New Squamish paramedic service brings emergency department to the sky

The TEAAM service has launched and is first of its kind in B.C.

The Technical Evacuation Advanced Aero Medical, or TEAAM, recently launched, bringing a new not-for-profit model to providing helicopter healthcare to remote B.C.

The society is focused on bringing advanced emergency medical care to remote worksites and other hard-to-reach settings in B.C., and it is badly needed, according to president Miles Randell.

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“There’s a gap in pre-hospital care delivery in B.C. in remote settings,” he said.

On June 1, the group held a live demonstration at the Squamish Airport, inviting sponsors and members of the community to see TEAAM and Blackcomb Helicopters equipped with hoisting equipment in action.

To illustrate the need for the service, Randell referenced a February 2017 report from the B.C. forest safety ombudsman on emergency helicopters in B.C.

The report includes an example of a logging industry worker injured in Haida Gwaii in 2014. After his leg was crushed by a fallen tree, it took over five hours to transport the man to a hospital in Queen Charlotte.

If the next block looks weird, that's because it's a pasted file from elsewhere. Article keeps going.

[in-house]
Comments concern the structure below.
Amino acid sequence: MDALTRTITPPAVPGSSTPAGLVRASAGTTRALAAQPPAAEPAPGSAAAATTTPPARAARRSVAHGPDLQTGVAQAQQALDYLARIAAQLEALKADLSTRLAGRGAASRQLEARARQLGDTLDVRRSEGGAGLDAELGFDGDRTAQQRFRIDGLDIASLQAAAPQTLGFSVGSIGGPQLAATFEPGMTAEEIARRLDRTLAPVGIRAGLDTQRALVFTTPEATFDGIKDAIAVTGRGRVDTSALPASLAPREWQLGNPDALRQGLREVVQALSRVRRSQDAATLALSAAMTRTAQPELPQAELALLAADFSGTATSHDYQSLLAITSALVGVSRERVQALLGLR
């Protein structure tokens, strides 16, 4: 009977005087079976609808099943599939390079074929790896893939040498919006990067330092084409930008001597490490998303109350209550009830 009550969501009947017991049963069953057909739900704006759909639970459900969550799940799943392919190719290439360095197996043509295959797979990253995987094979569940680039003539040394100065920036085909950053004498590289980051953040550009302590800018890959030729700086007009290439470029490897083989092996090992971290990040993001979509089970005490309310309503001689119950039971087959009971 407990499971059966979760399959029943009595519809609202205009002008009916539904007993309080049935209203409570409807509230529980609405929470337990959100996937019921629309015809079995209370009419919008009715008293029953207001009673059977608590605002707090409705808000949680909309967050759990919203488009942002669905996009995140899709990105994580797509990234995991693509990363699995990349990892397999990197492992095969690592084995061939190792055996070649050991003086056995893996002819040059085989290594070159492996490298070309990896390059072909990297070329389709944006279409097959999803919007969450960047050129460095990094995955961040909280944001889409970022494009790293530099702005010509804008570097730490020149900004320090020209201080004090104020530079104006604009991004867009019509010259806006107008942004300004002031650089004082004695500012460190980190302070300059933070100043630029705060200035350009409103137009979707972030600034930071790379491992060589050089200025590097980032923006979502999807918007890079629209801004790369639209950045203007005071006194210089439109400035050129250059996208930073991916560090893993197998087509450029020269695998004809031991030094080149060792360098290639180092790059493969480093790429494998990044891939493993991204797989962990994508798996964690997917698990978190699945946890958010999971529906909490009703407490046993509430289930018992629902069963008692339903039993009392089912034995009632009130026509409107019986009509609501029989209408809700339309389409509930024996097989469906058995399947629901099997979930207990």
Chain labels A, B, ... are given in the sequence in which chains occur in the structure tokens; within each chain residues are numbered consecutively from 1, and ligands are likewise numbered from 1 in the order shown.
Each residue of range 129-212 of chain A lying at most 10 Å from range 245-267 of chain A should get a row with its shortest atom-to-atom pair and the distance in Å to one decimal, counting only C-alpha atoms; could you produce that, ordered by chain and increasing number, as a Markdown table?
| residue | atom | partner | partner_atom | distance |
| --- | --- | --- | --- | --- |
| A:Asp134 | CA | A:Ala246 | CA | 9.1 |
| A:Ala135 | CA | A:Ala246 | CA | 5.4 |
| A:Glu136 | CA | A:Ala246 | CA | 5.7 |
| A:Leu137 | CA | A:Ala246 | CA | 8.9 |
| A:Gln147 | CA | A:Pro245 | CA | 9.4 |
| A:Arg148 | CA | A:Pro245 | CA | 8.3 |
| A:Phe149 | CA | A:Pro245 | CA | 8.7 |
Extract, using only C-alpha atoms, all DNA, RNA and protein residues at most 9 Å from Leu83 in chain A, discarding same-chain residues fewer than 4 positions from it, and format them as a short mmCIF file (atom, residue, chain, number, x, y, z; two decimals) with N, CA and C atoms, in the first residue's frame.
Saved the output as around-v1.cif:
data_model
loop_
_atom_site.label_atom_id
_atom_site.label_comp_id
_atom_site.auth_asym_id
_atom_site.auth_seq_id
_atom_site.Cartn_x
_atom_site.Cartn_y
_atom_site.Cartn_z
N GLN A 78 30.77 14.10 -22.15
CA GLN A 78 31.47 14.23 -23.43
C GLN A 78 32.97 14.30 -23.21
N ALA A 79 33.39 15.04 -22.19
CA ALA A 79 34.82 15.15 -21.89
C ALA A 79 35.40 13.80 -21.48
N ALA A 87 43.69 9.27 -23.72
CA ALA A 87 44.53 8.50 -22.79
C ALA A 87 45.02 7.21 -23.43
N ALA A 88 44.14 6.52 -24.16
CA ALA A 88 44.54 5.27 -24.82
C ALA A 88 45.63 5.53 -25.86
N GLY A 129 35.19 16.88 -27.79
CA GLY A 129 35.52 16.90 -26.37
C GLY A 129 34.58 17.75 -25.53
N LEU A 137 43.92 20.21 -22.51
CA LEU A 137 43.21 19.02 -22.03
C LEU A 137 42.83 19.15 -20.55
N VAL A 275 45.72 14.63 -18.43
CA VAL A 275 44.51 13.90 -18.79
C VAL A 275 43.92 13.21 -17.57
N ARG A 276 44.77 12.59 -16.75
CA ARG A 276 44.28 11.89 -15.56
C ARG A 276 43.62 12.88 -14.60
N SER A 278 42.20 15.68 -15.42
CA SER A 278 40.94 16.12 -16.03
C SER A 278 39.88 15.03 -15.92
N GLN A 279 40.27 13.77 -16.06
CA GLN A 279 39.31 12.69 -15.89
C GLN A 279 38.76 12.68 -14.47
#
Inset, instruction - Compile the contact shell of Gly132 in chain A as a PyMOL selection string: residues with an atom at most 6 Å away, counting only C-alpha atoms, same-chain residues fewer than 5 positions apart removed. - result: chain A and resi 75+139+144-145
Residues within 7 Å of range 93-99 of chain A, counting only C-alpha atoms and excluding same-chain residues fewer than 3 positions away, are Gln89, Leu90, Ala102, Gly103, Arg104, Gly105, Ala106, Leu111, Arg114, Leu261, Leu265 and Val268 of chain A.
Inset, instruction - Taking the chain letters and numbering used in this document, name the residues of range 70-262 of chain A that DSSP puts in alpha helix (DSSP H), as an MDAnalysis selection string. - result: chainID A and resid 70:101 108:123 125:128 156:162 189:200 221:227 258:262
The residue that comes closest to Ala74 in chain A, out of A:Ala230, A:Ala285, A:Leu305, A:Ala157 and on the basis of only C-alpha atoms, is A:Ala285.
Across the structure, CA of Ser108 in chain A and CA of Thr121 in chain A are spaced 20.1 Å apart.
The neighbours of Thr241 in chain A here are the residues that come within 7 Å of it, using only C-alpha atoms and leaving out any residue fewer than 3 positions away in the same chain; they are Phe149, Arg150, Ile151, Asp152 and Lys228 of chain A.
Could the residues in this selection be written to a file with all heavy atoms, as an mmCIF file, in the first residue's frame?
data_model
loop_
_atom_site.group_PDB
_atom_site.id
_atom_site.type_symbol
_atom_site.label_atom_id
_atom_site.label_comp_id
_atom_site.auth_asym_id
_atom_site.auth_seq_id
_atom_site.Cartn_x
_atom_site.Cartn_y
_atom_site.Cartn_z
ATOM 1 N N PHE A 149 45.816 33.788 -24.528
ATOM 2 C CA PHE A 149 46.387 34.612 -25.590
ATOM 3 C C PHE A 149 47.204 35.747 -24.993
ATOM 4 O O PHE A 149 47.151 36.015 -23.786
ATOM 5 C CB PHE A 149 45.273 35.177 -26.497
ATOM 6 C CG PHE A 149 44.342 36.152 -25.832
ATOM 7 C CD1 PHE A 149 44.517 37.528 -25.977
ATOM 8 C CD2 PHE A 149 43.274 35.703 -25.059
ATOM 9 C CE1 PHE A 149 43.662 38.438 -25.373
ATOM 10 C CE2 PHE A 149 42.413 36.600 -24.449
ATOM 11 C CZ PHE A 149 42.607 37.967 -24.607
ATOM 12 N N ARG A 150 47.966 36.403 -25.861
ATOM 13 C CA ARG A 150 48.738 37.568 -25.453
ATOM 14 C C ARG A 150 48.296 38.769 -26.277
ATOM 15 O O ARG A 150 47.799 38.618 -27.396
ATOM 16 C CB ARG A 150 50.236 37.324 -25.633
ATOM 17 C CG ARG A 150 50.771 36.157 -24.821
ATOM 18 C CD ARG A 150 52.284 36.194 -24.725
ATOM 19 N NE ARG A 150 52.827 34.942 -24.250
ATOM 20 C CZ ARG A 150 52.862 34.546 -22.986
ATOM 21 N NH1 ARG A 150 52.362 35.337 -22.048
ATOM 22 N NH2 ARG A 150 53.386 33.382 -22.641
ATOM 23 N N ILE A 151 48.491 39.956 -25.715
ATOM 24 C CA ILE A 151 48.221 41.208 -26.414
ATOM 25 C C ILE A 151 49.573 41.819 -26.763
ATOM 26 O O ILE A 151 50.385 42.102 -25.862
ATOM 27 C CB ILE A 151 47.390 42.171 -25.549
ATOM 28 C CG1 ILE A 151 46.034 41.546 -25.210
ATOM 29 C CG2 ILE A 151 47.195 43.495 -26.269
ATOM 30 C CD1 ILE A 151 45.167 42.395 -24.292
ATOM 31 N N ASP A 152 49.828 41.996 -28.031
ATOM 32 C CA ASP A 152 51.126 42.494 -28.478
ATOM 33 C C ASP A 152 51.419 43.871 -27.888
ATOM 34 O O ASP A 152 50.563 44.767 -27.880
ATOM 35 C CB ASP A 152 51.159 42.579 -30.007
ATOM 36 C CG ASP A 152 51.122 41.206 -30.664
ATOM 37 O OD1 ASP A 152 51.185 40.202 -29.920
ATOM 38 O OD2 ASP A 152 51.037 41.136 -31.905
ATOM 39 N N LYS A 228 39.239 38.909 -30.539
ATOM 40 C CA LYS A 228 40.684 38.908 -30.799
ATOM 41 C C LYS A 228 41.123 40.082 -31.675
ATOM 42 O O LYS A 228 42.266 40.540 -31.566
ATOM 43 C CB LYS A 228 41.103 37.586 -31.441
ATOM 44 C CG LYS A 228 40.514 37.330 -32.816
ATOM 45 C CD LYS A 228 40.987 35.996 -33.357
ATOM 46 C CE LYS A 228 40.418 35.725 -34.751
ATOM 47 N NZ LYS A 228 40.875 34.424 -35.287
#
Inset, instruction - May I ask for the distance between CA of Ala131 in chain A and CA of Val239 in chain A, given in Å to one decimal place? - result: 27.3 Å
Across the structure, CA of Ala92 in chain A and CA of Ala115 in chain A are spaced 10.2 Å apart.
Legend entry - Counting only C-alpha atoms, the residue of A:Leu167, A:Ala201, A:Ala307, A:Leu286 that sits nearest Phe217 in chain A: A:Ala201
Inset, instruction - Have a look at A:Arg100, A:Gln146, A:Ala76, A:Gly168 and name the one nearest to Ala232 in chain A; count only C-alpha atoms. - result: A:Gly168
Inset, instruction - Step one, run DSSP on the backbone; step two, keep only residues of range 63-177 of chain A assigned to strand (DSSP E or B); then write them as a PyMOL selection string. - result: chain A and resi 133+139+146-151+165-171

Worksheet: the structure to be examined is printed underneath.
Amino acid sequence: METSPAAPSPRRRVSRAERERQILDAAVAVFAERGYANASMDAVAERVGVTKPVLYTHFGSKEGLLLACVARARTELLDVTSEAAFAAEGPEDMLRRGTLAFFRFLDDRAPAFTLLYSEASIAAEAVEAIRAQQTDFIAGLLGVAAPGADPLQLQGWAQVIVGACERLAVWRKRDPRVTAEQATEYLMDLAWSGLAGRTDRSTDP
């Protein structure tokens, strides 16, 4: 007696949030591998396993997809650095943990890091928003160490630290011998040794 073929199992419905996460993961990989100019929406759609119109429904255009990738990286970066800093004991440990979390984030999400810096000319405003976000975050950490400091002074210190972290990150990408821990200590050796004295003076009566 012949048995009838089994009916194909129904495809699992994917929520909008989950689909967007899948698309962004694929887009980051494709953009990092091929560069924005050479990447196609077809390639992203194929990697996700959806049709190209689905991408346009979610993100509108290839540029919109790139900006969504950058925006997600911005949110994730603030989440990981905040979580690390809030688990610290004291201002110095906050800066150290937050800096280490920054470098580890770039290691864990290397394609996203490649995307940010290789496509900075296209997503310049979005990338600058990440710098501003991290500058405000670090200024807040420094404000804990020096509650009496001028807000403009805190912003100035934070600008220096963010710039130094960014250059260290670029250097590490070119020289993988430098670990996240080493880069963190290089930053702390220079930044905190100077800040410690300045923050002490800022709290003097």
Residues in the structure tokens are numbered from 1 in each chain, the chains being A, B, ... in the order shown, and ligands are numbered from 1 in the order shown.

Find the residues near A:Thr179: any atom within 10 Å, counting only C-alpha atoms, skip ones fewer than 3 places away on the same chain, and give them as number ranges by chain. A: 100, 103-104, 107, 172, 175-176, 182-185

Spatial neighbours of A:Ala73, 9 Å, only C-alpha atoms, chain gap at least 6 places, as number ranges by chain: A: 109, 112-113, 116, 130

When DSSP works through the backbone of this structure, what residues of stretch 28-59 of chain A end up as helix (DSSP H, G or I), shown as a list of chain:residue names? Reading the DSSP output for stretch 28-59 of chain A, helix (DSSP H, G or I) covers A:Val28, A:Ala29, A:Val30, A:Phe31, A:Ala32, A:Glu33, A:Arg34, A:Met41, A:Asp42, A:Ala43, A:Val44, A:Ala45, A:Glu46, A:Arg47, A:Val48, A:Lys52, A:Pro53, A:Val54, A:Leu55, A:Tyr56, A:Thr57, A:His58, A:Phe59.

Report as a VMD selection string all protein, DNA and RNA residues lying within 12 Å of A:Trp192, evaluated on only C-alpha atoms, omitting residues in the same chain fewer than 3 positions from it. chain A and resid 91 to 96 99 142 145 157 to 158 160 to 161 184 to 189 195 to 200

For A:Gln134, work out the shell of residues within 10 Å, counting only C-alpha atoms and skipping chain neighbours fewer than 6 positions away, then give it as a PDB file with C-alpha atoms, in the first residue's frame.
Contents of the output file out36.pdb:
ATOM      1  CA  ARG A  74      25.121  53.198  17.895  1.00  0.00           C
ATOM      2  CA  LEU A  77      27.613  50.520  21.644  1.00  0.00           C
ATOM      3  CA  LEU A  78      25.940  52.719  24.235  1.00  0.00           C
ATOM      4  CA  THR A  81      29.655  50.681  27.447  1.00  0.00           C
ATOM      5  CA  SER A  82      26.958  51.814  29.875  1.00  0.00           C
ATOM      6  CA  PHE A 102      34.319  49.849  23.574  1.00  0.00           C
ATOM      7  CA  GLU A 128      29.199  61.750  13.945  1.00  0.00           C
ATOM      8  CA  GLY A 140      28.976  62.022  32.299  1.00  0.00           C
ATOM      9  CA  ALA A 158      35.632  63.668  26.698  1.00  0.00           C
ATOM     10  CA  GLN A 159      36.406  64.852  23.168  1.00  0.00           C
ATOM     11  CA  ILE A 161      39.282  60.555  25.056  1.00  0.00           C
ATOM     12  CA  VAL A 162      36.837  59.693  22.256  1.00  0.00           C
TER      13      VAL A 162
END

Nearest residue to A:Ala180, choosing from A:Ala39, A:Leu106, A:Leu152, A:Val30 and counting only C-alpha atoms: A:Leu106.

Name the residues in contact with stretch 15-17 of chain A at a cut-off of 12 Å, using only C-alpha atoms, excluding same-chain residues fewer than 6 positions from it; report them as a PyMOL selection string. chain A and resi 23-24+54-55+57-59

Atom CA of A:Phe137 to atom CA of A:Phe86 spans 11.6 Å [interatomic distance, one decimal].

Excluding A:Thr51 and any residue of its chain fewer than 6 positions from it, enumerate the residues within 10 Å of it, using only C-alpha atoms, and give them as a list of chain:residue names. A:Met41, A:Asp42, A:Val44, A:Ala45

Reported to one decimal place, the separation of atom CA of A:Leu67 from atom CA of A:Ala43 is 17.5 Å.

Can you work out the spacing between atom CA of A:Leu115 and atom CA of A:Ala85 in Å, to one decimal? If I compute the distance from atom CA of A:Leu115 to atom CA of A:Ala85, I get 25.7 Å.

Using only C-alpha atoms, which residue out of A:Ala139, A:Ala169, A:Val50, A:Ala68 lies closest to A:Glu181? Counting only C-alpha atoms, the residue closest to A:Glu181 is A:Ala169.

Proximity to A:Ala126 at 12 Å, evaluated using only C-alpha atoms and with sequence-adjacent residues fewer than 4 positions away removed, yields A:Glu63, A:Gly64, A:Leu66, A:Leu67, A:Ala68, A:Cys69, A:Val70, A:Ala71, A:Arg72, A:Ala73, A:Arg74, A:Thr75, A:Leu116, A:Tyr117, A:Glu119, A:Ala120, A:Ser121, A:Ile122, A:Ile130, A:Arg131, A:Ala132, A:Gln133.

If an appropriately trained helicopter unit could have responded, the trip would have taken about 20 minutes.

It took another six hours to get him to a hospital in Vancouver, where the man’s leg was amputated below the knee – according the report, “a result that might have been avoided had he been transported to a hospital in a timely manner.”

“In his case, he lost his leg, it cost the healthcare system about a million dollars, and it cost WorkSafe BC about $1.4-million. For all those reasons this is important,” said Randell.

Randell said the team currently has 24 people on board, composed of paramedics, physicians, nurses and rescue specialists.

TEAAM is equipped for a variety of tasks, including providing emergency medical care, transporting patients and extraction and rescue from remote or difficult locations. Normally in B.C., different organizations, when available, must take on each task individually.

“We not only provide the advanced medical care, but we also provide some rescue services. We can cut people out of crushed vehicles or manage people in swiftwater for example,” he said.

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